Family unshakable in plea to keep LeFranc’s killer in prison

After attending 10-plus parole hearings, sister of slain woman still concerned for public safety

Linda LeFranc was brutally murdered by Christopher Alexander in 1998. Alexander was given a life sentence, but keeps attempting parole, and LeFranc’s family had fought to keep him behind bars.

Linda LeFranc was brutally murdered by Christopher Alexander in 1998. Alexander was given a life sentence, but keeps attempting parole, and LeFranc’s family had fought to keep him behind bars.

The sister of a Terrace woman brutally murdered in 1998 will not be circulating a petition this year to help block the killer’s parole. Anita Johnstone will be attending the parole hearing for Christopher Alexander, and continue to fight against his release, but she says she hasn’t been given enough time to organize and submit a petition to the parole board 30 days in advance, as required.

“It’s all been last minute,” Johnstone said. “We don’t have a date yet except that it will be sometime in April. I can’t book hotels, I can’t book time off work—we’re just going to have to go without the petition this time.”

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In 2002 Alexander was sentenced to life in prison for the second-degree murder his 36-year-old neighbour, Linda LeFranc. Then 17-years old and armed with a knife, Alexander used a key known to be hidden outside the front door to gain access to LeFranc’s townhouse on Dec. 9, 1998. He stabbed LeFranc her 83 times. Her body was found by her seven-year-old daughter.

Johnstone said this will be the 11th or 12th hearing she’s attended since Alexander became eligible for parole. In that time she feels he has not shown remorse nor taken responsibility for the murder, and worries for public safety that a convicted murderer assessed as a moderate risk to re-offend, is given the right to request a parole hearing every 12 months.

“You never get to move on. Everybody says, “well, just get over it, get on with your life.’ How do you do that when it’s always there beneath the surface. You shove it down until it claws back up to the surface and needs to be acknowledged again. We expose ourselves in the process, but we need…the people to know what type of person the parole board is potentially releasing into their communities.”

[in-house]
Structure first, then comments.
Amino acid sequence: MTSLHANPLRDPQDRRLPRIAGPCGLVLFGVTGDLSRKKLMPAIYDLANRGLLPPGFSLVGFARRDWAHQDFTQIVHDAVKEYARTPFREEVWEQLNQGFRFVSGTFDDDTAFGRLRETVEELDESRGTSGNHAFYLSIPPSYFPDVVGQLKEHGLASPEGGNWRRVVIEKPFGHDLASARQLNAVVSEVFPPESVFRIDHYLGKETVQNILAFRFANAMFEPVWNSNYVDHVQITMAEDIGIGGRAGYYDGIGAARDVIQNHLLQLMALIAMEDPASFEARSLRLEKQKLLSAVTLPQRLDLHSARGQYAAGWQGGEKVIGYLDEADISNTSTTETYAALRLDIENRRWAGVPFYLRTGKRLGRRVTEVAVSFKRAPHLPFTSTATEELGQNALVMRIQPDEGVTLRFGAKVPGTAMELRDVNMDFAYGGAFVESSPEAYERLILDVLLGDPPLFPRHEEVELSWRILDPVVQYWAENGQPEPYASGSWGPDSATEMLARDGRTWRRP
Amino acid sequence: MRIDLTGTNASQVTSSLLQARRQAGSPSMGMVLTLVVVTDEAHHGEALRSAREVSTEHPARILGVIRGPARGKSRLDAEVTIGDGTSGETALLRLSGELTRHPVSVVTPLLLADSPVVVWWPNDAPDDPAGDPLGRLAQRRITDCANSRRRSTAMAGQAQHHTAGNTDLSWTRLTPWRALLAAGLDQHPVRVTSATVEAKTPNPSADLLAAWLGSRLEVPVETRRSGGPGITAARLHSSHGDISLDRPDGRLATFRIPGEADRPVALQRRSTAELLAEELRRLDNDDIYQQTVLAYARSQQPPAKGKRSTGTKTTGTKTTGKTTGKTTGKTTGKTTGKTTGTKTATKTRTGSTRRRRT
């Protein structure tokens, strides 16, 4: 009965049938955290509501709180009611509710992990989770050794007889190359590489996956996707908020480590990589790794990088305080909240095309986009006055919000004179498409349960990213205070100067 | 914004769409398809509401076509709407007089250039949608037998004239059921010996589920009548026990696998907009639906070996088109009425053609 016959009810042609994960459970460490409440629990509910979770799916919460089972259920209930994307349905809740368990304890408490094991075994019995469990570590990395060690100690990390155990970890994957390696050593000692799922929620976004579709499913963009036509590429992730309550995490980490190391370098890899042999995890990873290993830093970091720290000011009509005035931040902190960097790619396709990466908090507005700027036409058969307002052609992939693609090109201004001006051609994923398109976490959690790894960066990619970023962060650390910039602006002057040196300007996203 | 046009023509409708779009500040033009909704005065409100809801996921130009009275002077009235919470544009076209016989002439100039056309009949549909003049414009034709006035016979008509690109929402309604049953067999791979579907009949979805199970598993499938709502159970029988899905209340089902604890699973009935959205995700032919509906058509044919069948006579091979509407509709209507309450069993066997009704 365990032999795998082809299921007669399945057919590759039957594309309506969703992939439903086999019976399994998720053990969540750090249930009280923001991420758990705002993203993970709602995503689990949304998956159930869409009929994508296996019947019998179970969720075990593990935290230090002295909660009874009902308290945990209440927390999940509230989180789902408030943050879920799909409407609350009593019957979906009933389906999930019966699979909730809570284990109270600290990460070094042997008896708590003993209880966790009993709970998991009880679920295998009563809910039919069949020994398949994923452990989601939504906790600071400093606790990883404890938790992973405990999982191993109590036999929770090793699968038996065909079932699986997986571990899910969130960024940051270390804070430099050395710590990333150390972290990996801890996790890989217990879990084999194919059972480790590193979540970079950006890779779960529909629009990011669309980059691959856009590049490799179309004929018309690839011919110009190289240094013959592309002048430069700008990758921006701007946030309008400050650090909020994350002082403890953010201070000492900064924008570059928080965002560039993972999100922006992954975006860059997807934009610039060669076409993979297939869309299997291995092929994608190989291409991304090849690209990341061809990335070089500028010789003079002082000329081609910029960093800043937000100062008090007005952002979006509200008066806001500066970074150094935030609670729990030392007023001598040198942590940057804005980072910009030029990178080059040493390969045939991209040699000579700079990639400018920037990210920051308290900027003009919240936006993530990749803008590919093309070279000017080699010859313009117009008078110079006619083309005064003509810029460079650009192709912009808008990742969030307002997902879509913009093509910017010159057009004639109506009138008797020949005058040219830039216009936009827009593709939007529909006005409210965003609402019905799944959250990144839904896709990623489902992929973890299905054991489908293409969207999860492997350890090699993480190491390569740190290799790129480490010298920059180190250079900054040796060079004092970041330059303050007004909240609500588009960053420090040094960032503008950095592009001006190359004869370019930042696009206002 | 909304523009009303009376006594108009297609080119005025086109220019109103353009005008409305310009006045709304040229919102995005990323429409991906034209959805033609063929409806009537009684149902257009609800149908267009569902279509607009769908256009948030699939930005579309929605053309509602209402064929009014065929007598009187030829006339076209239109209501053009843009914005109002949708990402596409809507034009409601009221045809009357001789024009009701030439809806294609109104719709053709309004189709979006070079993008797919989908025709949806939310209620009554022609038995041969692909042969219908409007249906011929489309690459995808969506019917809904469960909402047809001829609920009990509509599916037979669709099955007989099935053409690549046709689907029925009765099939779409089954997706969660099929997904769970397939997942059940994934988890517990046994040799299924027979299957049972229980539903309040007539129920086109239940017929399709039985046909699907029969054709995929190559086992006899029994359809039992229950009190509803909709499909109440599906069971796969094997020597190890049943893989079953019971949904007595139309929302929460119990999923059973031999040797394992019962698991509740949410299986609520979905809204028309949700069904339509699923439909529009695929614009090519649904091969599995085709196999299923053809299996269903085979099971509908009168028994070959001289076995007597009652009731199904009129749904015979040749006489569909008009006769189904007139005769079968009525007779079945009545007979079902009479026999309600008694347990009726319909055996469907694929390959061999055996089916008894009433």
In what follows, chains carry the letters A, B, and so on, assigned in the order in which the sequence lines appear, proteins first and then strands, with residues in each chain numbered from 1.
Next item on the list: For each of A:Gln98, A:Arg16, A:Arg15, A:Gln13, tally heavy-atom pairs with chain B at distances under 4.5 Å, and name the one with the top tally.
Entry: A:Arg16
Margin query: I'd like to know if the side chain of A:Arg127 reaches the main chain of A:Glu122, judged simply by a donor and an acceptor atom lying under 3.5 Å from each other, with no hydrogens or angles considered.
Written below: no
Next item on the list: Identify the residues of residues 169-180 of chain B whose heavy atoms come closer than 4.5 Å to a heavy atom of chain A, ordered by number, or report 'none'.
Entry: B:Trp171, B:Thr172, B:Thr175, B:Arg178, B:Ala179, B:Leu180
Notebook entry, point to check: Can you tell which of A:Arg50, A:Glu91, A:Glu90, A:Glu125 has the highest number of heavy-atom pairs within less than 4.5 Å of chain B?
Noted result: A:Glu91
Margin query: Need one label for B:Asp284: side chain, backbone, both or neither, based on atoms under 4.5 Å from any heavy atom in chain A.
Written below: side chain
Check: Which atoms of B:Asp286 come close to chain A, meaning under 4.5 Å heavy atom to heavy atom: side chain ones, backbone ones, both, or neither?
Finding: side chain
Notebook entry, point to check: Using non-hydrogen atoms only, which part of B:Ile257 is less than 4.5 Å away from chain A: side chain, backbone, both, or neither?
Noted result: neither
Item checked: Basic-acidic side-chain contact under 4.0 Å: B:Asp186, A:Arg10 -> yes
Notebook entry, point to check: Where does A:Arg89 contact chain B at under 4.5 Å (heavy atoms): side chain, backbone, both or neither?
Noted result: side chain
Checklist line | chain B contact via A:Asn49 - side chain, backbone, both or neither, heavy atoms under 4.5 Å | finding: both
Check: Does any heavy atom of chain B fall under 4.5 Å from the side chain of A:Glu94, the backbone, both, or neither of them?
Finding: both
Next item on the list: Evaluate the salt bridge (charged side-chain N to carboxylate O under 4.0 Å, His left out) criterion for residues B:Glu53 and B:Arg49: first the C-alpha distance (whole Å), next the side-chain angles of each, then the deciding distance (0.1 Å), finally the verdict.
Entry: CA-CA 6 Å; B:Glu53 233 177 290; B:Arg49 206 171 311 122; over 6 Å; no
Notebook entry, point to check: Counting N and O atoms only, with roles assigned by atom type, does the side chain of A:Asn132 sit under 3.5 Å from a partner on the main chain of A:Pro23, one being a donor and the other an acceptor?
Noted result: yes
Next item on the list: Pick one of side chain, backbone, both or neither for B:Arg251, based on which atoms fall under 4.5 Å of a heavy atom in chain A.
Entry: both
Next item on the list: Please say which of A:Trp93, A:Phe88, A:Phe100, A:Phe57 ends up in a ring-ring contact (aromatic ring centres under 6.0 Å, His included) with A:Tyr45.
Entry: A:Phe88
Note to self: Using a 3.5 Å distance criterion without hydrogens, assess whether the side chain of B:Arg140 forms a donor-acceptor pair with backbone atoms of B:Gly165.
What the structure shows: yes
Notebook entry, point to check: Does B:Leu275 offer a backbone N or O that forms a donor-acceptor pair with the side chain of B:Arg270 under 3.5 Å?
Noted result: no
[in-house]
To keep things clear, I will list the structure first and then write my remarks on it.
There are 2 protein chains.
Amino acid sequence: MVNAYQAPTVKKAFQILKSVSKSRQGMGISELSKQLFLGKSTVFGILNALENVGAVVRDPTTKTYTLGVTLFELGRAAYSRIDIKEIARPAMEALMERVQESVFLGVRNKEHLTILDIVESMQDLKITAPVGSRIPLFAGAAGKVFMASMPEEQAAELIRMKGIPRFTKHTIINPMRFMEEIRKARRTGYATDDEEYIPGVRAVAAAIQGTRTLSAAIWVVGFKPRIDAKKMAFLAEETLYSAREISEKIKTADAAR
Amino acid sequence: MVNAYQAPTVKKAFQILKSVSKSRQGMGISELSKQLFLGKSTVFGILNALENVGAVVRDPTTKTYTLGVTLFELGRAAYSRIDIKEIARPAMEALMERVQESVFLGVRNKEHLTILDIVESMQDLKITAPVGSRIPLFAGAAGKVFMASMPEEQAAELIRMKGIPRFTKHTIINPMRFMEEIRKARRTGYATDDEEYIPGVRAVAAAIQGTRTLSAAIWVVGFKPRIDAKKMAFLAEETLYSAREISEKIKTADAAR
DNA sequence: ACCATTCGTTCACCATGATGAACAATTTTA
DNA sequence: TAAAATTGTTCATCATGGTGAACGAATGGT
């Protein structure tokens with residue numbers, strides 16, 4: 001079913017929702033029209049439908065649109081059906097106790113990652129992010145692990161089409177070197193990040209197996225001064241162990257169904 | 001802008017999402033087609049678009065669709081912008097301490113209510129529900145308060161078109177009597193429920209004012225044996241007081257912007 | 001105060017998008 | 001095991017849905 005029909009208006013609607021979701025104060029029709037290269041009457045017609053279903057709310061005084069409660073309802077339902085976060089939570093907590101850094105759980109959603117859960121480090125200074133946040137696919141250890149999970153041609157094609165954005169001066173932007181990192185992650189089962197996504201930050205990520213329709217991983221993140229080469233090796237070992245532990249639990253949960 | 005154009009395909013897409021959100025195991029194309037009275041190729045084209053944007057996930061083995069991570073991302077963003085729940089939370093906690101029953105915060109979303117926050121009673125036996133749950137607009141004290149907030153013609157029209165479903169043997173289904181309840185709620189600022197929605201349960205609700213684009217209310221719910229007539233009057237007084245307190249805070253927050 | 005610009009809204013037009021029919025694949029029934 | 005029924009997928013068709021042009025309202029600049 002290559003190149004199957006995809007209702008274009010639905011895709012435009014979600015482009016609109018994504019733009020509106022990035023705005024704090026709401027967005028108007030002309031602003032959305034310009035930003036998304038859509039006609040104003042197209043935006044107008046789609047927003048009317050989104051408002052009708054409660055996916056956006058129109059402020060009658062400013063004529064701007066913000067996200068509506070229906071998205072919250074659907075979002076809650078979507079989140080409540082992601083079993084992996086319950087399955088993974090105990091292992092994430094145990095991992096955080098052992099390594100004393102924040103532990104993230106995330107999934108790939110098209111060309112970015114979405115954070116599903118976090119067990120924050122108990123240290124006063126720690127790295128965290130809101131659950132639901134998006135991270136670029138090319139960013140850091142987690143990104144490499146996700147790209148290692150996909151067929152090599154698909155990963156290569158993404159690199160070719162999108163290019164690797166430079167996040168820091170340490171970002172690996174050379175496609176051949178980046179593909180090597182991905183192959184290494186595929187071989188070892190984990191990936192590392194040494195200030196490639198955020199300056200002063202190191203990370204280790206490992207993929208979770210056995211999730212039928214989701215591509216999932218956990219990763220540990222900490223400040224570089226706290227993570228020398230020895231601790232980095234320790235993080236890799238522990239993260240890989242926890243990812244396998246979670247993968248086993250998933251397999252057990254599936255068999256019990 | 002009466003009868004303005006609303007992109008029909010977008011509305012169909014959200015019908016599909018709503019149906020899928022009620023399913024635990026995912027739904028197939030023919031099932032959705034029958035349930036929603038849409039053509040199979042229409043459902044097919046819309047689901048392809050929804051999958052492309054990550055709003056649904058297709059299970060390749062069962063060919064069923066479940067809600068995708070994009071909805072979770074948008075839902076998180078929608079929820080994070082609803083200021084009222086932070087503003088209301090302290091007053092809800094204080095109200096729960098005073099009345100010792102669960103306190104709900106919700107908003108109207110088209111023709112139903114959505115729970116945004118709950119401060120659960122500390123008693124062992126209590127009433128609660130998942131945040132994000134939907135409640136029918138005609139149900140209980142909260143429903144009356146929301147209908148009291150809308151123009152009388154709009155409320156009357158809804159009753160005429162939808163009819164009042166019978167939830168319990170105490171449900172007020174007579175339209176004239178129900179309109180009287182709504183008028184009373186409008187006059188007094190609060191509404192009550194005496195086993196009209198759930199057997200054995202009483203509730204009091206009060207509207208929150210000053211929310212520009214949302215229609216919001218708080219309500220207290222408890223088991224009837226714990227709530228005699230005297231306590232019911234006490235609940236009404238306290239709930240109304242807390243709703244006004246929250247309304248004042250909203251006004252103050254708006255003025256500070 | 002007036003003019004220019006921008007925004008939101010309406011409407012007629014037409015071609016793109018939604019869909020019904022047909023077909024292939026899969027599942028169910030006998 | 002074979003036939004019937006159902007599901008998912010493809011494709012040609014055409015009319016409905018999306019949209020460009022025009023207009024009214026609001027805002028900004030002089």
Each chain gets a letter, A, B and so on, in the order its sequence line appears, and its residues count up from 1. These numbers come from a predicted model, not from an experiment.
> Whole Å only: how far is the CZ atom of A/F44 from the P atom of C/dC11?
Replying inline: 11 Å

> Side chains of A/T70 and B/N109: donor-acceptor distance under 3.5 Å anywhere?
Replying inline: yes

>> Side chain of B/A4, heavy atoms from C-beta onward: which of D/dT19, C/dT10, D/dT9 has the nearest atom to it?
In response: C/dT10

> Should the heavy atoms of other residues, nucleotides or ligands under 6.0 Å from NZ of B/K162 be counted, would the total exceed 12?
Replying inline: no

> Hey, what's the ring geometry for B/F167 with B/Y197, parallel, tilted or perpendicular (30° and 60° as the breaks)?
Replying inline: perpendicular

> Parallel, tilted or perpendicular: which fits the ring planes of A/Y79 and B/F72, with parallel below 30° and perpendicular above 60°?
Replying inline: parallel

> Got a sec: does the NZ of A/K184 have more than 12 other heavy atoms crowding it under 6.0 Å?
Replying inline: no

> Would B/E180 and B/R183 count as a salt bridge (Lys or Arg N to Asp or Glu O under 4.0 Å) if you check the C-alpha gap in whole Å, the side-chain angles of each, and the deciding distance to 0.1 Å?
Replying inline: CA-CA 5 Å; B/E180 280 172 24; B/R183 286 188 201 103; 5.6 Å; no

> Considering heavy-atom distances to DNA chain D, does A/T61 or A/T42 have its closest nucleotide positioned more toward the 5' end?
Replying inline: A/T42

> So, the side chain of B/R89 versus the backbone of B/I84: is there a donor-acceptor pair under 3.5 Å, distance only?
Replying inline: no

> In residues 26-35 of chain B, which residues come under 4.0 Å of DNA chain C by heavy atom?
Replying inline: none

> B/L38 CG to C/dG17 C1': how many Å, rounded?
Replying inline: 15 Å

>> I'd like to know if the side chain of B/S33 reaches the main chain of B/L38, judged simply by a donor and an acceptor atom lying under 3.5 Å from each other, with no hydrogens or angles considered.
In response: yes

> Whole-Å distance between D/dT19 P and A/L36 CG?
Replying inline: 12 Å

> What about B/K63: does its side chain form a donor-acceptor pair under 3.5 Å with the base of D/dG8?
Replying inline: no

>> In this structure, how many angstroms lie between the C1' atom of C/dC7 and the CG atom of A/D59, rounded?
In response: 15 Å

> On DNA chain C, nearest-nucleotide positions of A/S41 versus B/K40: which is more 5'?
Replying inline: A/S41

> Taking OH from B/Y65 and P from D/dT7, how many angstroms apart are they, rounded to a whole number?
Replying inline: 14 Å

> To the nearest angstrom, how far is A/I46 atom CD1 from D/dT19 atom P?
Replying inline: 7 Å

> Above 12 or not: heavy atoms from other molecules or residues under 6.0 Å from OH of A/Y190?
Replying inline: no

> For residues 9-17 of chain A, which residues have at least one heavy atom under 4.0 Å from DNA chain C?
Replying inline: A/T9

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Johnstone attends the hearings for the main purpose of providing a victim impact statement.

“They’re not about my loss, or how this has all personally impacted my life,” she said. “It’s about embedding questions for the parole board, reminding them of things he [Alexander] has said, things he has done.”

In 2015, after 13 years of incarceration, more than half of which was spent at the minimum security Kwìkwèxwelhp Healing Village in the Fraser Valley, Alexander was granted day parole and released to a nearby halfway house. In June the following year, Alexander was arrested by Abbotsford police and charged with two counts of sexual assault. Those charges were stayed however when the alleged victim was either unable or unwilling to testify. Alexander was not allowed to return to the healing village, but sent to Mountain Institution medium-security federal penitentiary where he has remained since.

READ MORE: Sexual assault charges stayed for Alexander

“To some degree it’s comforting he’s in an actual prison, but he’s not doing anything while he’s in there,” Johnstone said, referring to previous hearings. “He hasn’t been participating in any programs that I’m aware of, and that’s the issue. He’s an untreated offender. He has no insight into why he did what he did—except for the thrill. ‘That’s what he said [during trial], ‘for the thrill of it.’”

Update: A parole hearing has been scheduled for April 19 at the Mountain Institution near Agassiz, B.C.

Correction: Alexander was armed with a knife prior to entering Linda LeFranc’s townhouse. The print edition of the Terrace Standard incorrectly reported he used a knife found in her kitchen. The difference is important as it helped Crown prosecutors establish premeditation.

-with files from Margaret Speirs

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